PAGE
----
In our culture of deficits, cutbacks and layoffs, few government expenditures escape careful scrutiny.
The days when boards would casually approve six-figure purchases with little or no discussion are long gone — as they should be. Even state largesse, once accepted without question by grateful counties and cities, can raise eyebrows.
| I don’t stop to gawk at accidents nor do I have any desire to watch a fire burn.
The Stormy was hoisted out of Crescent City Harbor on Saturday March 28. She was one of 16 boats that sunk as a result of the March 11 tsunami - most of them commercial fishing vessels. Stormy was built in 1942 in Bay City, Ore., and was made of double-planked Port Orford cedar. Triplicate Photo
It’s not in my nature to get in the thick of things that are best
left to professionals. So, during and after the recent tsunami, staying
clear of the harbor seemed like the natural and wisest thing to do.
I had access to photos, videos and eyewitness accounts. All I had to
do was check in with our photographer or one of the reporters covering
the harbor or ask editor Richard Wiens for an update and I had my
tsunami news. And my partner Rick, in his capacity as Coast Guard
Auxiliary public affairs officer, was now at the harbor daily sharing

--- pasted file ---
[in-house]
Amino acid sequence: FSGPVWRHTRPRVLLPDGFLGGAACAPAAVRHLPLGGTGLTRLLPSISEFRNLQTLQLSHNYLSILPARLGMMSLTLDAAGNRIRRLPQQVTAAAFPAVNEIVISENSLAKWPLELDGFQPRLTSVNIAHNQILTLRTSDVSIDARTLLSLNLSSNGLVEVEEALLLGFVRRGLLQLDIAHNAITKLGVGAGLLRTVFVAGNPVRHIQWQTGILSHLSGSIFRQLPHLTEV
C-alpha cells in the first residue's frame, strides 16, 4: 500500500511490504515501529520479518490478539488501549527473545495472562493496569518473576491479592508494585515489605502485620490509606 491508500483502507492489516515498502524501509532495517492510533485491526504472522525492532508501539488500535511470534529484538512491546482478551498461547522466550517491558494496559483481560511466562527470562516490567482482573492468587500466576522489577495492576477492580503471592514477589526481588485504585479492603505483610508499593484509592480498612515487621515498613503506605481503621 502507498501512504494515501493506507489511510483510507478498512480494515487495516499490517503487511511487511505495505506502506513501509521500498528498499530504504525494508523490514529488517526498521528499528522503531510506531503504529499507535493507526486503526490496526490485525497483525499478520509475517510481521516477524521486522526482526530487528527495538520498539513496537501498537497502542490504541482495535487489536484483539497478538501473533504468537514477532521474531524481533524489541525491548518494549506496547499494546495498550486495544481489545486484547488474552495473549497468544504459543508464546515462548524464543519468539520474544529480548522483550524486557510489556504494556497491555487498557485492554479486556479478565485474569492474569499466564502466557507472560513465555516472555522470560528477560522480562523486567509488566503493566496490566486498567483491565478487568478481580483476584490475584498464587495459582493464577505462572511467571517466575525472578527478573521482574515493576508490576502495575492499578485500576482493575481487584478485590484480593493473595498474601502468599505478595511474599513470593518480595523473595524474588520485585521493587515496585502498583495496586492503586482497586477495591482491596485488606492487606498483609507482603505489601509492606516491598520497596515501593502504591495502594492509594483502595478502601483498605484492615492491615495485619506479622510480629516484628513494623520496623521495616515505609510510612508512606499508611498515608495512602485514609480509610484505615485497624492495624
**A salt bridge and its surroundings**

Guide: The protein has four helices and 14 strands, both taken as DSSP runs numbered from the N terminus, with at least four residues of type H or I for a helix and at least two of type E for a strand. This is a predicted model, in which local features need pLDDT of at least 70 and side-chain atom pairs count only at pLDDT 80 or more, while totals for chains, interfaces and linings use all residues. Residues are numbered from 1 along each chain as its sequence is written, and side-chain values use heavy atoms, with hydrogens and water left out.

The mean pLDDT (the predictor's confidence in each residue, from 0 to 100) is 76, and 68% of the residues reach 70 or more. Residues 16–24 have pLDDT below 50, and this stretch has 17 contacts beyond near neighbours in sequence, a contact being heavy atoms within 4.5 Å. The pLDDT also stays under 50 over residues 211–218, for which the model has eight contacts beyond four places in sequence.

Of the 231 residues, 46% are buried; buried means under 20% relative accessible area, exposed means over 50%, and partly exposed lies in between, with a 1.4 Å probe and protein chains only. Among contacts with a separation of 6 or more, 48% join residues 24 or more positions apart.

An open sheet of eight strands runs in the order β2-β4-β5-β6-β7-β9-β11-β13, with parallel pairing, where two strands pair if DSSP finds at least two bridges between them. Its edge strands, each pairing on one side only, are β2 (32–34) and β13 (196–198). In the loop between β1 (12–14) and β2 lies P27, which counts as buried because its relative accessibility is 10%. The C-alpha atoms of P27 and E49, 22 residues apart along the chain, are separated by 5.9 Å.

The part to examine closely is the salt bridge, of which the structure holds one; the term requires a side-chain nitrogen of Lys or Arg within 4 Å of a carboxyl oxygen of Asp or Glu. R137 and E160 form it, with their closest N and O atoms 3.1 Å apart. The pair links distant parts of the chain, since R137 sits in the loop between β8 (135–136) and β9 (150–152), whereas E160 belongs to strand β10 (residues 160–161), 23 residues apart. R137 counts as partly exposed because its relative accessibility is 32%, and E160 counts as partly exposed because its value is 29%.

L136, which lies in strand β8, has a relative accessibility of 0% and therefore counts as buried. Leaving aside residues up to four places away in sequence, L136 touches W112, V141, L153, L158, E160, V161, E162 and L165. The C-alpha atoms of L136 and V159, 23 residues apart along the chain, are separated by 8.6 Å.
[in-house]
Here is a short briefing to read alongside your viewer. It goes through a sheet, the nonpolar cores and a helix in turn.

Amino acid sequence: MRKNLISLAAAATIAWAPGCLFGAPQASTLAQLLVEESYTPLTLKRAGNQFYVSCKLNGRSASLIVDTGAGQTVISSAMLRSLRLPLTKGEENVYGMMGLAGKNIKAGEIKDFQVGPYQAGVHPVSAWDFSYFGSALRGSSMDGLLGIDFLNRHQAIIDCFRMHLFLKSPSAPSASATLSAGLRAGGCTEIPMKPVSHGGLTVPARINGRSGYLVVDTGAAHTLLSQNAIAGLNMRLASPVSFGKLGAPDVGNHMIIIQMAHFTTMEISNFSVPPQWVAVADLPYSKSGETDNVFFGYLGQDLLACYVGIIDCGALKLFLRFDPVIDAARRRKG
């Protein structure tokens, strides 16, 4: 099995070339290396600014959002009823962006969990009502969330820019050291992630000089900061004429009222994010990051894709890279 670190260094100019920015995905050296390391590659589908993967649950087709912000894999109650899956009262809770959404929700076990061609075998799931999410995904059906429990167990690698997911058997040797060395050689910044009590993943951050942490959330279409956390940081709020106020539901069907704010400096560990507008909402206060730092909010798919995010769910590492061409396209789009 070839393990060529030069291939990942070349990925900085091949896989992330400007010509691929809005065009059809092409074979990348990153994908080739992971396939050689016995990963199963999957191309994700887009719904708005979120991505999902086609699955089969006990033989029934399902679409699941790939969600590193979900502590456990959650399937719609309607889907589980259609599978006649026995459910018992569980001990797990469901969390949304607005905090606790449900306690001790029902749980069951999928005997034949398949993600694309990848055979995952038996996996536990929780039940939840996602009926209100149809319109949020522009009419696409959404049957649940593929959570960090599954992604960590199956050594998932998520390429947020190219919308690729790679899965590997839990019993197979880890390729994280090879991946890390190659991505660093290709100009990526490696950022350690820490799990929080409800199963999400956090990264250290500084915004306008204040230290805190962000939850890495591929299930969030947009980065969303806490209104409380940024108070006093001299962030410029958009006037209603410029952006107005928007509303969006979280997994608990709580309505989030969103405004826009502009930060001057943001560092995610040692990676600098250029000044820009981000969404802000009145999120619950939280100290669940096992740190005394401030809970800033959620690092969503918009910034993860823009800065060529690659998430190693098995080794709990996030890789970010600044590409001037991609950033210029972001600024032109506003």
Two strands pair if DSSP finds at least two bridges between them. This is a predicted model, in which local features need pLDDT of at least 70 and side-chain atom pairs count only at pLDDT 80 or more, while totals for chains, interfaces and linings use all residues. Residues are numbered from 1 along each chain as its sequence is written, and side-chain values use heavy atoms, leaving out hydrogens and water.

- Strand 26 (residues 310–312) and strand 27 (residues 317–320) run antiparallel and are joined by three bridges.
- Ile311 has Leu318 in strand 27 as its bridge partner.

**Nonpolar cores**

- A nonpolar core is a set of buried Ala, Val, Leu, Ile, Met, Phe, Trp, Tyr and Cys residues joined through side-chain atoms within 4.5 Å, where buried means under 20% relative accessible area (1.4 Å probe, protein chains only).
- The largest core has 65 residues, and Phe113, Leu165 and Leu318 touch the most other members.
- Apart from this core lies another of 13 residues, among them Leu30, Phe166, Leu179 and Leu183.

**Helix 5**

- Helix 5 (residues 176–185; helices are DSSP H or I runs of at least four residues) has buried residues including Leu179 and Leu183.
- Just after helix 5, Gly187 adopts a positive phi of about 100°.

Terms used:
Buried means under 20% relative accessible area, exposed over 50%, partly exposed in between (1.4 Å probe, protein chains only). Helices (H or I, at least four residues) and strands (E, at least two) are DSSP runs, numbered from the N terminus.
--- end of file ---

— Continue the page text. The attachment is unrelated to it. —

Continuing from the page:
what he could with this civilian.
It was my desire to see Rick in action that took me to the harbor Saturday. I was curious to see what he actually did there.
It was an announcement that surprised no one.
Gov. Jerry Brown last week proclaimed California’s three-year drought officially over.
Knocked on its heels by last season’s above average storms, the drought was buried by an avalanche of Sierra snow this year. Brown made his announcement Wednesday, after a state crew measured the mountain snowpack at 165 percent of normal.
The drought’s demise is hardly news here in Tuolumne and Calaveras counties.
Those living at 3,000 feet or above have spent much of the winter chaining up or digging out. At higher elevations, snow totals have been truly spectacular:
Dodge Ridge has accumulated more than 600 inches — that’s 50 feet — since the season began, the most in three decades. Bear Valley, with 544 inches, is not far behind.
Lower elevations have been hammered by floods and slides.
A new $70 million dollar courthouse will ideally be the centerpiece of Tuolumne County’s planned law and justice center, off Old Wards Ferry Road near Sonora.
So it may come as a surprise to many that the state Administrative Office of the Courts, which determines the building’s location, has not yet agreed to the county-owned site. Although the Board of Supervisors voted to buy the 50-acre center property in November of 2009, the state shortly thereafter began an exhaustive and time-consuming courthouse site selection process of its own.
Even now, the AOC “has a number of issues” with the Old Wards Ferry site and will likely not make a final decision until the end of this year. In December 2010, the county-owned site was recommended over two others — one on Sanguinetti Road and the other on Hess Avenue — in an evaluation completed by a local Project Advisory Committee.
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